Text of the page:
Massawyrm tells the tale of he, ME AND ORSON WELLES
Published at: Nov. 25, 2009, 9:30 a.m. CST by merrick
Hola all. Massawyrm here.
If there’s any film that best represents the current state of chaos in the industry right now it is ME AND ORSON WELLES. A festival favorite for the last year, this has long been considered a sure thing pick-up that just never found a studio to actually pick it up. People love it, it’s got a big up-and-coming star in a film that will have wide appeal as well as prove to be critic friendly. But everyone mysteriously passed on it, a sad sign of the state of indie acquisitions, leaving the film to self-distribute. Which is something of a small tragedy considering how good a film it really is.
ME AND ORSON WELLES is the latest offering from local Austin workhorse Richard Linklater and his first major work since his brilliant A SCANNER DARKLY. I’m exactly 50/50 on Linklater’s films, loving a full half of them and strongly disliking the others. And oddly enough it isn’t along indie/mainstream lines. I’m equally mixed on both his personal stuff and his studio work. This is one of his rare films in which he managed to make a film with mainstream appeal as one of his personal indies – and it really is quite good.
The film stars Zac Efron as the “ME” in the title, a fictional character named Richard Samuels who at the tender age of 17 gets a small role in the Mercury Theater production of CAESER, Orson Welles infamous/immortal 100 minute modern dress version of Shakespeare’s classic JULIUS CAESER. But make no mistake, while the film centers around the coming of age antics of Efron’s Samuels, he is not the center of the film. He is an intriguing tool through which Linklater gets to tell a story about Orson Welles.
ME AND ORSON WELLES is, at its heart, a film giving us an honest outside-looking-in view of Welles without having to deal with the issues of making him the main character. Rather than having to adhere to the general Biopic formula, we get to see Welles in his environment, both at his most likable and most detestable, in an unvarnished look at his genius and megalomania. Being able to see him through the likable eyes of a kid he gives his big break to, while also seeing him dick our protagonist around a bit, allows us to have someone likable to cling to without them having to soften Orson in the slightest.
Efron is fantastic here and is doing a great job slowly breaking away from his HIGH SCHOOL MUSICAL roots. Every outing he’s had since his Disney days has allowed him to prove himself more and more and he appears to be only a dark role or two away from finally departing from his pretty boy image the same way Brad Pitt and Johnny Depp broke away from theirs. While I’m not entirely convinced that he’s playing on their level, I see a very similar glimmer in him that we saw from Depp in his 21 JUMPSTREET days and Pitt in his pre-12 MONKEYS, COOL WORLD/THE FAVOR/LEGENDS OF THE FALL era. He’s incredibly likable and nails the emotional peaks that Samuels endures at the hands of a raving egomaniac like Welles.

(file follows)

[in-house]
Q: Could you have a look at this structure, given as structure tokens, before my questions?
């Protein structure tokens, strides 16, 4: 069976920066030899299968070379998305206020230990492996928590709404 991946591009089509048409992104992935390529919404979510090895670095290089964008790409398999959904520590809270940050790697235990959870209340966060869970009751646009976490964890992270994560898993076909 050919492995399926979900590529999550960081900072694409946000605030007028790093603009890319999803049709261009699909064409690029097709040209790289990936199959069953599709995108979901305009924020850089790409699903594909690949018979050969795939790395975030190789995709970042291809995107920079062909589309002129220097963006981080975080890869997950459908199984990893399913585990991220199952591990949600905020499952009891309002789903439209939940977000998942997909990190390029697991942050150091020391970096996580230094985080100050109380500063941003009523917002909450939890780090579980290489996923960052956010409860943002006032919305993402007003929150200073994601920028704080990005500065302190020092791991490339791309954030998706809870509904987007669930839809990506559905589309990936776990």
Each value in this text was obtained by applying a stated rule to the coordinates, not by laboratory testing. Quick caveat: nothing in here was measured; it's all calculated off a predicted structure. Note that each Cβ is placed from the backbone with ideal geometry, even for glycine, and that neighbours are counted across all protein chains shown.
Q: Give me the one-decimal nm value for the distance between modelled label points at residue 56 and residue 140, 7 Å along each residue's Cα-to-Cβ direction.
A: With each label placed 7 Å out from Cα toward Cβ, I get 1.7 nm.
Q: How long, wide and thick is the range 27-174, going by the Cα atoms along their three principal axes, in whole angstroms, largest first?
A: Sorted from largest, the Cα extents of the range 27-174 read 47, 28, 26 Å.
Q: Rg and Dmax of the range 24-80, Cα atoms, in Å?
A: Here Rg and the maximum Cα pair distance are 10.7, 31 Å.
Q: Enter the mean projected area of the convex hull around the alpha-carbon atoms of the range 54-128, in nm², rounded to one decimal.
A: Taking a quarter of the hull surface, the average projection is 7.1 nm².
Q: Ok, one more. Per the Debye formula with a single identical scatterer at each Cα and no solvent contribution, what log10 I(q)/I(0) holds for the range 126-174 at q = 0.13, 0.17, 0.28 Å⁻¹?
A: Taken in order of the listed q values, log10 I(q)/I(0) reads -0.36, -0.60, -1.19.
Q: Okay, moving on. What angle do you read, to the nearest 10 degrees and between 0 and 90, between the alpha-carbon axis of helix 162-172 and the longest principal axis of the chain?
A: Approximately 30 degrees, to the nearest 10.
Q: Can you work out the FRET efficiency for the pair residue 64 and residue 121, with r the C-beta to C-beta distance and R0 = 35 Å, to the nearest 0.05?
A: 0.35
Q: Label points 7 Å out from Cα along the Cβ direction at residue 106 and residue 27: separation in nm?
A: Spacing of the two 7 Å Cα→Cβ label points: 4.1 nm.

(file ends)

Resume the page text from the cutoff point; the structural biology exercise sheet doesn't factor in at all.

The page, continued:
And of course the big story is Christian McKay, the relative newcomer who knocks his performance of Welles right out of the park. Welles is tricky. In this day and age his voice is best known as the basis for the inspiration of The Brain in PINKY & THE BRAIN and has long since joined the ranks of the likes of Cagney, Wayne, Nixon and Presley in the realm of accepted impressions that don’t actually sound like their subject. But McKay nails it and transcends simple imitation finding his way into the realm of immersion. His Welles is fascinating, a marvelous, charismatic, arrogant son of a bitch who you can’t take your eyes off of. Watching McKay do Welles doing Brutus is a special treat all its own that makes for a late movie snack capping off his performance perfectly.
Linklater constructs a wonderful tale here, bringing to bear all the things he does best. It is a sweet, coming of age period piece that tangles with the messiness of relationships while juggling a bevy of likable small characters each given just enough time to be interesting. While not compelling enough material to be among his very best films, this rests very easily in the higher end of his filmography. A solid, highly enjoyable film, it is one of those rare indies that I’m going to beseech you to seek out and see at the theater. Self-distributing this thing can’t be easy, and of all the things opening against it this holiday weekend, this is (along with THE ROAD) one of the best. It is certainly the more accessible of the two.
A delightful venture, ME AND ORSON WELLES is tailor made for film history buffs, theater fans or anyone who enjoys period dramas. Light, fun and a real treat, this opens in limited release this Thanksgiving.
Until next time friends, smoke ‘em if ya got ‘em.